Sick patient on hospital bed

How to Avoid Atrial Fibrillation After a Surgery

How to Avoid Atrial Fibrillation After a Surgery

Being anxious about your upcoming surgery could stress you out and make your heart race. The actual procedure, though, could leave some individuals with heart flutters and rapid heart rate, also called post-op AFIB or atrial fibrillation.

Atrial fibrillation following a surgical operation ordinarily lasts for a couple of hours to several days. It’s crucial to note that once you have experienced AFIB, you have an increased risk of experiencing it again, and the case could become chronic later on.

How Surgery Can Trigger Atrial Fibrillation

Generally speaking, surgery could trigger AFIB due to the massive stress it puts on your body, meaning that virtually any type or stress could trigger AFIB. But certain kinds of surgical procedures, particularly heart surgeries like open-heart surgery, are more likely to trigger atrial fibrillation than others. Being obese, having COPD or chronic obstructive pulmonary disease, and old age also raises your risk of experiencing AFIB following surgery.

Lowering the Risk of Post-Op Atrial Fibrillation

Since heart heath plays an immensely vital role in triggering post-op AFIB, the key is to ensure excellent health prior to surgery.

Put simply, you need to focus making your heart as strong as possible. So, whether you live at home or in a senior assisted living facility, you must work closely with your doctor, ensure that you eat a healthy diet, and strengthen your heart through heart-friendly exercises.

It’s likewise recommended that you ask your doctor regarding pain relief options after surgery, as studies have found that pain could cause a specific response that could trigger post-op AFIB. You should also ask for pre-operative blood exams because studies have found that iron deficiency or anemia, high blood sugar levels, and electrolyte imbalance could increase the risk of atrial fibrillation following surgery.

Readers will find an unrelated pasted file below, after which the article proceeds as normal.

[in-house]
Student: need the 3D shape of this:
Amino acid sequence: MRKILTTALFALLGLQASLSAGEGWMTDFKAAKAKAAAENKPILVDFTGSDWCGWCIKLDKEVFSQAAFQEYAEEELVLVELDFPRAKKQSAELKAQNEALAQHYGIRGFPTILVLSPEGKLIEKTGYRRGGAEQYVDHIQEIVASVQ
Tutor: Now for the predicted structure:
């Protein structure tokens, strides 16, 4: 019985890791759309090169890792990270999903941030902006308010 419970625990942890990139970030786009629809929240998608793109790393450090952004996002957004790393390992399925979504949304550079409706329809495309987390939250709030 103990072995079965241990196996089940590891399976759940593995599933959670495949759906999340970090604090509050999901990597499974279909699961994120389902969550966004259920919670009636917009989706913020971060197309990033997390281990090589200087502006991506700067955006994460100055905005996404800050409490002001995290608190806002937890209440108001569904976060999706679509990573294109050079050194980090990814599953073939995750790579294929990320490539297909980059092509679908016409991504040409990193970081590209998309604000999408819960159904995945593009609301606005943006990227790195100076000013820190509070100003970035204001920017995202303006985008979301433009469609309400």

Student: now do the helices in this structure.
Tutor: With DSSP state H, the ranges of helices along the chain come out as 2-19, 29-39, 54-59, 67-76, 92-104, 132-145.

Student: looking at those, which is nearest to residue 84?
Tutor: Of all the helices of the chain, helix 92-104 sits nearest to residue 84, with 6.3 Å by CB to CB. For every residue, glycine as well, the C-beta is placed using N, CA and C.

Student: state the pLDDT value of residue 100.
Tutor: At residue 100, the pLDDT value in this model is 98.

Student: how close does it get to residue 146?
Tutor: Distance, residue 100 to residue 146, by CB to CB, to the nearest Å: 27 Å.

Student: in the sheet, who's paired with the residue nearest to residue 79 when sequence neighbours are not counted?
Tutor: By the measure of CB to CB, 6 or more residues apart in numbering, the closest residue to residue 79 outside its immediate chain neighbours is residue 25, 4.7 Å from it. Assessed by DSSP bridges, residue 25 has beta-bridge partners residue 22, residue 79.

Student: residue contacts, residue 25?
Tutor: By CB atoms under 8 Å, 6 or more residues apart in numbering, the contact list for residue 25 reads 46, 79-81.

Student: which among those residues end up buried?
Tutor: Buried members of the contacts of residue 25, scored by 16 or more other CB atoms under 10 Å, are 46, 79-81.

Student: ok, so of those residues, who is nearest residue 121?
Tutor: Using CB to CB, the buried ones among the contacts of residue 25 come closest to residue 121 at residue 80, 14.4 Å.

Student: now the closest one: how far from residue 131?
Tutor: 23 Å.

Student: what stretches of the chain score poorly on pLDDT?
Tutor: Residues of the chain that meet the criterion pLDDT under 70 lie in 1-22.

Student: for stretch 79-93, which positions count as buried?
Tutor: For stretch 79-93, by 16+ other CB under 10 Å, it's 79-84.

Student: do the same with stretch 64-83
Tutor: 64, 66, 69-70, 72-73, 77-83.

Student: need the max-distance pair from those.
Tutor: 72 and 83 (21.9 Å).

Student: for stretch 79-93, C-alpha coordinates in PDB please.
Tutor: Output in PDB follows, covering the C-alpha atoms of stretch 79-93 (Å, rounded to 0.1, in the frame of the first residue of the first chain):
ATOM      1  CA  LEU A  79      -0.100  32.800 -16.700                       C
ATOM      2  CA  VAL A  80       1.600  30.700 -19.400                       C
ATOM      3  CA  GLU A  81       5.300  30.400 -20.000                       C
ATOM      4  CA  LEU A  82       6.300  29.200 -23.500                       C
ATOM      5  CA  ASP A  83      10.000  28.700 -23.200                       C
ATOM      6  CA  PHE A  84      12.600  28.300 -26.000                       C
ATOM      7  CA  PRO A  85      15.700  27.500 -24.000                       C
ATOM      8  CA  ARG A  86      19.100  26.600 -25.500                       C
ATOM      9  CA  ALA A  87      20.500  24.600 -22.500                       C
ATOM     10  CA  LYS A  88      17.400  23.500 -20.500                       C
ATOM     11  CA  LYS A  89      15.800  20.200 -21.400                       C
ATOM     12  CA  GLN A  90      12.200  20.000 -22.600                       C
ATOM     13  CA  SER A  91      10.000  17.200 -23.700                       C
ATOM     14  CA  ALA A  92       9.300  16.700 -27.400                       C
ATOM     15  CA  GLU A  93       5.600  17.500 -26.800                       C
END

Addressing Post-Op AFIB

When recovering from surgery, you’ll be put on a heart monitor in order that you can be screened for post-op AFIB. While most individuals are able to feel when their heart races and flutters, others, usually due to exhaustion from the surgery, might not so they will need to be closely monitored. In most cases, post-op AFIB will go away without any treatment. Otherwise, you will have to take medications to regulate your heart rhythm and rate.

You may likewise be given blood-thinning medications for stroke prevention, which is a massive concern for individuals with AFIB. However, depending on the kind of surgical procedure you had, you may have to wait to take a blood thinner, usually several days or weeks to prevent severe blood loss. In addition, depending on the severity of your atrial fibrillation, your doctor may have to shock your heart back to its normal rhythm through cardioversion.

Awareness of Post-Op Atrial Fibrillation Leads to Risk Reduction

Female patient on hospital bed while the nurse checks on her

If you’re aware that you are susceptible to experiencing atrial fibrillation or have an underlying condition that could trigger it, and are about to undergo a surgical procedure, make sure to inform your doctor. Most importantly, don’t hesitate to tell your doctor immediately if you feel any AFIB warning signs following your surgery; do not wait for your next scheduled appointment.

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